Women undergoing screening mammography experience a higher incidence of invasive breast cancer, without a corresponding reduction in symptomatic breast cancer.
Screening mammography aims to detect breast cancer at an earlier more â€œcurableâ€� stage and women who have been screened should enjoy a lower incidence of breast cancer after they stop screening.
The UK NHS breast screening programme is organised such that in Scotland, some regions are attended by a screening van for 1 year every 3 years, with no screening occurring in the interim 2 years. A graph was plotted showing the population incidence of invasive breast cancer diagnosed in one region of Scotland (Fife), from 1980 to 2004. One would expect that in the first or first two rounds of screening the cancers in this very stable populatiion would be detected and treated so that in the subsequent two years, the incidence would dip below the level before screening was introduced, by at least the same level as the level of increased diagnosis during the screening year.
In reality, the graph (figure 1) clearly shows that the population incidence of invasive breast cancer peaks every 3 years and these years correspond to the year when the region is visited by the breast screening van. However, the incidence in the following two years does not appear to reduce even after several successive rounds of screening and appears to remain at the level before screening was introduced. This suggests that these peaks represent the excess diagnoses (of early cancers) attributable to screening, without a corresponding reduction in symptomatic cancers. Although a new cohort of women would join the screening cohort every 3 years, the oldest cohort would leave- and after a few rounds of screening, the background incidence of symptomatic cancers detected in the years between screens should reduce. Firstly, the data show that it doesnâ€™t reduce and secondly, the magnitude of the rise in incidence is far more than the number of cancers detected in those who are in the 50-53 age group. Thus, the incidence of breast cancer increases dramatically upon subjecting women to screening and this is not accompanied by a reduced incidence of symptomatic cancers in the following years.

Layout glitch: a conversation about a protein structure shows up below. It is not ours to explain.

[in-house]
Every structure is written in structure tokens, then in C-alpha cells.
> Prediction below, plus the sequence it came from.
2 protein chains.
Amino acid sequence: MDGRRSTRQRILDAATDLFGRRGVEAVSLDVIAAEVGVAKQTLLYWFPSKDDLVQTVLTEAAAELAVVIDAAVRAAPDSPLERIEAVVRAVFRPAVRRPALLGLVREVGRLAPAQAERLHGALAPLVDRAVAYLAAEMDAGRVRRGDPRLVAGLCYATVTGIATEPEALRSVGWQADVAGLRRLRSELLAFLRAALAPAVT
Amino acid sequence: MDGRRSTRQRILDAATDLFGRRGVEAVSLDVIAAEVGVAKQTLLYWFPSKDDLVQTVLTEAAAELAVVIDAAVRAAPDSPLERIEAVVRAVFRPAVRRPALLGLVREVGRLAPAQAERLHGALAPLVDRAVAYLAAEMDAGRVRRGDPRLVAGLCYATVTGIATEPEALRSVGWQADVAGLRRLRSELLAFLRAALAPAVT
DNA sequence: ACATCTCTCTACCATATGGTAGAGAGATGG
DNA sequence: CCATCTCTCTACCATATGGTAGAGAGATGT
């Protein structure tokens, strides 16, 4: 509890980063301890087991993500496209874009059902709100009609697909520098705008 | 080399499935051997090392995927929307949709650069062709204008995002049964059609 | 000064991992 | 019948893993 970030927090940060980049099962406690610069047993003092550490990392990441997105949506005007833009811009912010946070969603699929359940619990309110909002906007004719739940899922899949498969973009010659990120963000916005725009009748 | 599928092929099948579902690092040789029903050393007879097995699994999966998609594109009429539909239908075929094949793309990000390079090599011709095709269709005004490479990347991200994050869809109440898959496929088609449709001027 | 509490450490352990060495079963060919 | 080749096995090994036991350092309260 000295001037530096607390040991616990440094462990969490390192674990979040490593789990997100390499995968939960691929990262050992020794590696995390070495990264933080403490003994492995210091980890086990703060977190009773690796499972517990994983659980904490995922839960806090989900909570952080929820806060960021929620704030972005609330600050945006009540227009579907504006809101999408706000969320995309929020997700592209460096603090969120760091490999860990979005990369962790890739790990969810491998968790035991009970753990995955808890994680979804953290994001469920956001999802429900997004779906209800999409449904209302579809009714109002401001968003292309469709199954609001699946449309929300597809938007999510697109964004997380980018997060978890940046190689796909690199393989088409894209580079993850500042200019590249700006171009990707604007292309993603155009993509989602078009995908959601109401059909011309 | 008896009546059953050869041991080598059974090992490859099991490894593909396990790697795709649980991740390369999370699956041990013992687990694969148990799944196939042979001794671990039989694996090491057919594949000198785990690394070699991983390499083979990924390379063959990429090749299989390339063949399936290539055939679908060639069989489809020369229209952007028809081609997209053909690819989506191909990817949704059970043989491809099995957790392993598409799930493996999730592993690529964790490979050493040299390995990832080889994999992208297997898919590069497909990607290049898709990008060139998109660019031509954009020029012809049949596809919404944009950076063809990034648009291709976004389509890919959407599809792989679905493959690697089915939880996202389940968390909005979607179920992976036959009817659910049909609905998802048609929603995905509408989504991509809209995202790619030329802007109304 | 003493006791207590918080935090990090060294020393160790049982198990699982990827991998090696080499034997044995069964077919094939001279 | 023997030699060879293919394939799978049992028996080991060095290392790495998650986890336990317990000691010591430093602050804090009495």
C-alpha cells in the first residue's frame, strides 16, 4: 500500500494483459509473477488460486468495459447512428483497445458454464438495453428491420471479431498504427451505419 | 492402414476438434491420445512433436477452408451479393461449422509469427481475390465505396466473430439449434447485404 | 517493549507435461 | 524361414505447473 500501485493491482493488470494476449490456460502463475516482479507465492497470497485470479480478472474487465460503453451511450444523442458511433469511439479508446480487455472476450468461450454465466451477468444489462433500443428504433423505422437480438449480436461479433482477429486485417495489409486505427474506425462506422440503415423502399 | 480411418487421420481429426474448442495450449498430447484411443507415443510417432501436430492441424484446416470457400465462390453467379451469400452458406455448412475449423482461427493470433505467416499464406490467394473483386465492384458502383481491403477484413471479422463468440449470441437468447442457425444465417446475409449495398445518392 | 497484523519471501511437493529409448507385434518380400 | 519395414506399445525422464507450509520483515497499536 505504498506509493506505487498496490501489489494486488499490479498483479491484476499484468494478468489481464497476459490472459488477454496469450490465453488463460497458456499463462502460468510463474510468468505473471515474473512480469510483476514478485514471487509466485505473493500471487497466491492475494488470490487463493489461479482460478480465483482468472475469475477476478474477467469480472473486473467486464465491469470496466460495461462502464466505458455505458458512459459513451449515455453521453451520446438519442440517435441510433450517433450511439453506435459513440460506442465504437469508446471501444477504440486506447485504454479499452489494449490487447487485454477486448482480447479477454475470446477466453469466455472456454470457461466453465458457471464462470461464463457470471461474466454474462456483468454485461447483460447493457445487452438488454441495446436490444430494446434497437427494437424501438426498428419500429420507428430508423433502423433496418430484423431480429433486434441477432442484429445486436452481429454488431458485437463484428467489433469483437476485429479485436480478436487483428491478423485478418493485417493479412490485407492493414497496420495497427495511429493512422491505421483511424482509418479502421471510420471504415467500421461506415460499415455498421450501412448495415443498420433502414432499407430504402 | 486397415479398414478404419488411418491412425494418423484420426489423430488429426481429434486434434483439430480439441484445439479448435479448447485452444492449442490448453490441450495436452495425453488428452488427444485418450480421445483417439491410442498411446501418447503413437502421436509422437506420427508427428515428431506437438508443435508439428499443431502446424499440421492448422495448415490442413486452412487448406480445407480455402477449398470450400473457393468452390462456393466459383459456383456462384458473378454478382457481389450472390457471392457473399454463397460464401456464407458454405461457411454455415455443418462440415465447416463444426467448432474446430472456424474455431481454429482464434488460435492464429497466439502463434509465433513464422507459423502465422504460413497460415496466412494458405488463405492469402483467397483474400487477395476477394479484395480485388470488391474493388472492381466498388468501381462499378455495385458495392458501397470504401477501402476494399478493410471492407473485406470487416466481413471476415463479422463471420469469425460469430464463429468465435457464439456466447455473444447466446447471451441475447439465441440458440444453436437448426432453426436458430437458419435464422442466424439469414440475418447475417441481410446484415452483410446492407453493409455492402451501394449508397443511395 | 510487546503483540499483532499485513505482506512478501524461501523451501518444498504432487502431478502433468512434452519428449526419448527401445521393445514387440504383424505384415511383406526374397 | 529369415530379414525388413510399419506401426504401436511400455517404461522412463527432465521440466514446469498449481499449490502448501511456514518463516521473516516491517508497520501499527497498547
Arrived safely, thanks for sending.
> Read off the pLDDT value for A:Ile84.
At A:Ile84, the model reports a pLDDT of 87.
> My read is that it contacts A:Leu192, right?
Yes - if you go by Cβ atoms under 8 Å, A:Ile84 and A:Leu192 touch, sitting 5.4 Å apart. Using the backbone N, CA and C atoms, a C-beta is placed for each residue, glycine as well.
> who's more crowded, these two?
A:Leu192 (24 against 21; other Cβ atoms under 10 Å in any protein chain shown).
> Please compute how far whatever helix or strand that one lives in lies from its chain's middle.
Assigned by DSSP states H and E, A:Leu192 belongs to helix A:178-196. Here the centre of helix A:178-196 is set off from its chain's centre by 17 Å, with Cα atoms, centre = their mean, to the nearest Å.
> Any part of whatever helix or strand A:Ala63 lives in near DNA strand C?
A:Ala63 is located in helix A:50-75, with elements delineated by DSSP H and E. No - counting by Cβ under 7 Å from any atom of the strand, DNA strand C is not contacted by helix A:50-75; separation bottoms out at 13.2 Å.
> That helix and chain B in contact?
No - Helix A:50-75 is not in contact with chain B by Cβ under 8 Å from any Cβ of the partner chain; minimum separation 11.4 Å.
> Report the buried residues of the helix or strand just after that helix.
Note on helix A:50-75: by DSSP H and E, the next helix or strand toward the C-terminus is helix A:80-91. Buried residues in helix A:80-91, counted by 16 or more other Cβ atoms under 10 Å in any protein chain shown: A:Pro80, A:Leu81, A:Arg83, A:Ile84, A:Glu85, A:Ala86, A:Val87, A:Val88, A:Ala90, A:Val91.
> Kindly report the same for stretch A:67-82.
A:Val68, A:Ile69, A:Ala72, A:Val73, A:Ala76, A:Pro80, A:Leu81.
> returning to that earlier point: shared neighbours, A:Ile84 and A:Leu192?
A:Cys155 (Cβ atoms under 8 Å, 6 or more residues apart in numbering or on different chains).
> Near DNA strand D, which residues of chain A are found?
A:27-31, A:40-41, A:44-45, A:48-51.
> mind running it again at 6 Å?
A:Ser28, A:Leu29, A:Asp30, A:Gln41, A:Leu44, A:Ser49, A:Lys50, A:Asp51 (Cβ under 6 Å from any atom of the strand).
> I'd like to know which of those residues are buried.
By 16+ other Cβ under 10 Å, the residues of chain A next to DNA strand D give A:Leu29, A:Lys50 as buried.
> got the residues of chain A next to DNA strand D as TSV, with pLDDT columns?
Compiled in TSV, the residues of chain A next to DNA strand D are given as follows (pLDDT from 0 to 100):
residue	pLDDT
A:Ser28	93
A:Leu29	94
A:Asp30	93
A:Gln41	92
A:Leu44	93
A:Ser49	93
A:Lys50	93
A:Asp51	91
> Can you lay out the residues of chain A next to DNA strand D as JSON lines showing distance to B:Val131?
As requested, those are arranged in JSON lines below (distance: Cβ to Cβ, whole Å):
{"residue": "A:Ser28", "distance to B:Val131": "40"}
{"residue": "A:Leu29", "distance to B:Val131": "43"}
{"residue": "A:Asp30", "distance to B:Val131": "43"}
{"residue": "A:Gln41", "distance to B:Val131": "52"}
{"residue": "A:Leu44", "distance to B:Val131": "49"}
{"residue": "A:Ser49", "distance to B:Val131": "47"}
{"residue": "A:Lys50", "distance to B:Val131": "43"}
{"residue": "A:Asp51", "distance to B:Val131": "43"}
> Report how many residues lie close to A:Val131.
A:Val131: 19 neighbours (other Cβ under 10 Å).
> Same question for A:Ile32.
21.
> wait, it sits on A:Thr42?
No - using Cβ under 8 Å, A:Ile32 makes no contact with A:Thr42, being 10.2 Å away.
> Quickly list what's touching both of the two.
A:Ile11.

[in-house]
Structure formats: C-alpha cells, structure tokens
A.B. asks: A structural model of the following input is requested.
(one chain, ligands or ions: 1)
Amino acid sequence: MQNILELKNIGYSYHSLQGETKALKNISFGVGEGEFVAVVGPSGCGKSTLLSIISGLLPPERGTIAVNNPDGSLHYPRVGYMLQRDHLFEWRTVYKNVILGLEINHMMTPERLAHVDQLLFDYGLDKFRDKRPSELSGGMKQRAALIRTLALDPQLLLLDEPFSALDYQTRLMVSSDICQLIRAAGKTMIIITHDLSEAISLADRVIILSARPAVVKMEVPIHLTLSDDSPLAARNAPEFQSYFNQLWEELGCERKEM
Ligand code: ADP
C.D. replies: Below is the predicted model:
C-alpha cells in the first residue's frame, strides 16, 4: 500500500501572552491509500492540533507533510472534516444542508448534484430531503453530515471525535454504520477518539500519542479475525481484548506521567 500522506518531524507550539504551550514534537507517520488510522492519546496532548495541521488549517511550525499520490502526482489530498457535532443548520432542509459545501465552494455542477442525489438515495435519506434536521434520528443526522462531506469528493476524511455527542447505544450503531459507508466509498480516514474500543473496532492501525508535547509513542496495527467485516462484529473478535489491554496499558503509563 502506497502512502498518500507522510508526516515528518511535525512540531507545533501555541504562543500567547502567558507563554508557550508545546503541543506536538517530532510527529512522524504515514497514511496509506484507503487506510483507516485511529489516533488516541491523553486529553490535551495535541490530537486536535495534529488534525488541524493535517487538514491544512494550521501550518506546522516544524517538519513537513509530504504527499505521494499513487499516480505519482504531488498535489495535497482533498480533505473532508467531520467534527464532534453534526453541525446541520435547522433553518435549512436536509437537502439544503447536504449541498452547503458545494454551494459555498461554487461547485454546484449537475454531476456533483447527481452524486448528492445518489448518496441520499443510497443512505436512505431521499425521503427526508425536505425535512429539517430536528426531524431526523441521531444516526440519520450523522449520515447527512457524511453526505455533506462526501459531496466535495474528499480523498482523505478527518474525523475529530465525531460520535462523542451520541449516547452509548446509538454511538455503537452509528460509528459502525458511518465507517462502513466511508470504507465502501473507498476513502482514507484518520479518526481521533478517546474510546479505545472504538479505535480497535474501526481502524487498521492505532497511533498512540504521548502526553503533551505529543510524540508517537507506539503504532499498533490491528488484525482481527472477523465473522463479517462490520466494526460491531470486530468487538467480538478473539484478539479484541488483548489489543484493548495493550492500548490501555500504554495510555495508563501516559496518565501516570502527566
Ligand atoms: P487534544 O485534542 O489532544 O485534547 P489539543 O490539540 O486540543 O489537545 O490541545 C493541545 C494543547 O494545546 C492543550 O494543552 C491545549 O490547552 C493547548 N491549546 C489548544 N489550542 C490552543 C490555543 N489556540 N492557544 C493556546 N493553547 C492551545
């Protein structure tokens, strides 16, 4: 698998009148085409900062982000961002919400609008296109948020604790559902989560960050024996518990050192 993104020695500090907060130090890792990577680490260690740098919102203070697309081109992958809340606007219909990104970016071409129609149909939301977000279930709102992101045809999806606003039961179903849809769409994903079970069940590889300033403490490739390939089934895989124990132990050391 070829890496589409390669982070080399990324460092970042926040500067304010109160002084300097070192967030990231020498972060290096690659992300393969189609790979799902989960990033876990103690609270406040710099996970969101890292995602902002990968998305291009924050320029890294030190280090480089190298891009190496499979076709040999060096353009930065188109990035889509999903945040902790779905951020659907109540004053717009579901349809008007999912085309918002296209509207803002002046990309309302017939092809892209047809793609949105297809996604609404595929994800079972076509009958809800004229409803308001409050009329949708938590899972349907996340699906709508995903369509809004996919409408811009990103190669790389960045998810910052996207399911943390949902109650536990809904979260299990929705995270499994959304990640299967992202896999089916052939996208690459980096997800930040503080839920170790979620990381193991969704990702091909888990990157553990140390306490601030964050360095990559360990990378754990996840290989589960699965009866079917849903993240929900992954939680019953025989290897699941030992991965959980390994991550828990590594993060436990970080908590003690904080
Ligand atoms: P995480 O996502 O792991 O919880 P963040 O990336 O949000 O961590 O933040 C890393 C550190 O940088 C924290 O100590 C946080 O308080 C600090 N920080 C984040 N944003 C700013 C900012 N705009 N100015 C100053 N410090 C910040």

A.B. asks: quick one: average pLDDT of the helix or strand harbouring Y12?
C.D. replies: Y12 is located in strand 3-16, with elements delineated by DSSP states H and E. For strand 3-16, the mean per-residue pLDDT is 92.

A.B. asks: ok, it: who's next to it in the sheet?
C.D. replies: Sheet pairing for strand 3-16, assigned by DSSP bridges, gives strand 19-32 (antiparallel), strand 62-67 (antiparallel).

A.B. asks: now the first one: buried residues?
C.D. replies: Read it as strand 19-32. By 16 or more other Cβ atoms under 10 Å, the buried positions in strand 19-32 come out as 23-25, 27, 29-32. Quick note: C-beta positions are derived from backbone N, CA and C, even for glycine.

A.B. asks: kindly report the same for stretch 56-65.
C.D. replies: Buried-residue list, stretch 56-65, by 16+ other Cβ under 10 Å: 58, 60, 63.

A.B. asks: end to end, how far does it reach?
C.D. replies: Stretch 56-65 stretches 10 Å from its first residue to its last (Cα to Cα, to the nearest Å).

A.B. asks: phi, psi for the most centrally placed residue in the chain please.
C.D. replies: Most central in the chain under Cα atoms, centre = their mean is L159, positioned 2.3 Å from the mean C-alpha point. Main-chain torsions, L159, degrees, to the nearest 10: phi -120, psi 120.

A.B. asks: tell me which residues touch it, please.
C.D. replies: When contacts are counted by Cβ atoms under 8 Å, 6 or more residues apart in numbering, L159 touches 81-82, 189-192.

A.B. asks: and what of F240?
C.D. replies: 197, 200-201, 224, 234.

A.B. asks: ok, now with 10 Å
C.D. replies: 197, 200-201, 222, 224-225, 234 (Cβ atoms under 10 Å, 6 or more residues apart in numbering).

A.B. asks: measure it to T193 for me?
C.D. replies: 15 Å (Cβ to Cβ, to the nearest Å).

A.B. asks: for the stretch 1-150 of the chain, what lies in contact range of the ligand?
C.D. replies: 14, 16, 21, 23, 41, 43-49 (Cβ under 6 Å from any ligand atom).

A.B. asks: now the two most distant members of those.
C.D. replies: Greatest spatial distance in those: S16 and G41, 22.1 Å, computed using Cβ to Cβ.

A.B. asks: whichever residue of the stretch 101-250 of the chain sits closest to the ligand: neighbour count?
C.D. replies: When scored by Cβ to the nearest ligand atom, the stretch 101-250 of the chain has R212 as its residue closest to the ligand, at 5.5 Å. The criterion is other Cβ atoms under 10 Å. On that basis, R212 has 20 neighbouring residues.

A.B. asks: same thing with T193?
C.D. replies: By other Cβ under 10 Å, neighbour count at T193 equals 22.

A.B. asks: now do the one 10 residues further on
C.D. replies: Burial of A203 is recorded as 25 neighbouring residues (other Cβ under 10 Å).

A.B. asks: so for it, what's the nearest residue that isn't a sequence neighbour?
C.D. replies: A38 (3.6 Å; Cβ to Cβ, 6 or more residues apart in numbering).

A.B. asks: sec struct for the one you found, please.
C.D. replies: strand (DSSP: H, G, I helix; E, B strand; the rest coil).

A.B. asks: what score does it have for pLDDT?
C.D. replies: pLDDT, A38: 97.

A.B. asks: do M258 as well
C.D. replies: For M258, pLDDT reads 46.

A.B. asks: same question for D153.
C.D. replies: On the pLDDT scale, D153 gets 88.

Figure 1. Invasive breast cancer incidence in Fife
This figure shows the incidence of invasive and in situ breast cancer in the Fife region of Scotland. The incidence peaks every 3 years and these years correspond to the year when the region is visited by the breast screening van. However, the incidence (of symptomatic cancers) in the other two years does not appear to reduce even after several successive rounds of screening and remains similar to the incidence before screening was introduced. This suggests that these peaks represent the excess diagnoses (of early cancers) attributable to screening, without a corresponding reduction in symptomatic cancers.
In a second analysis, (figure 2)the population incidence of invasive breast cancer from Scotland was analysed for five cohorts of women separated by 10 years of age from 1984 to 2004. The 1st cohort represents women who were 25-29 years in 1984, 35-39 in 1994 and 45-49 in 2004 and the 5th cohort was 65-69 years in 1984 and 85+ in 2004; both these cohorts never received screening. The 2nd 3rd and 4th cohorts received screening for 10, 14 and 4 years respectively.
Invasive breast cancer incidence amongst those cohorts who did not receive screening remained unchanged between 1984 to 2004. Amongst those cohorts who received screening, the incidence of breast cancer rose to a level usual for those women 10-20 years older than them. Such a rise during the period of screening, however, did not reduce the incidence during the interval between screens, or after screening stopped at 65, when it was actually higher than expected.
Figure 2. Invasive breast cancer incidence in Scotland
This graph is plotted in an unusual way and represents the incidence of breast cancer in 5 cohorts of women over 20 years, who were in the age range as specified in the legend, in 1984. Thus, the following groups of points represent incidence for the same age group: CED, JAM, LK, as well as those points joined by the green lines. Women were undergoing screening at points A, K, L and M and between B and E (cohort 4), and K and D (cohort 3). The green lines demonstrate how the incidence of breast cancer has not increased significantly over the 20 years amongst those who did not receive screening. The red line demonstrates one example of the rise of incidence of breast cancer in age group 65-59, who had 15 years of screening compared with those who did not.
Women who undergo regular screening mammography raise their incidence of invasive breast cancer by 30% to 60%. This increase does not result in a reduction in incidence in later years. In the years between consecutive screens, as well as after stopping screening, rather than enjoying a reduced incidence, these women continue to experience a higher risk of invasive breast cancer.
Competing interests: No competing interests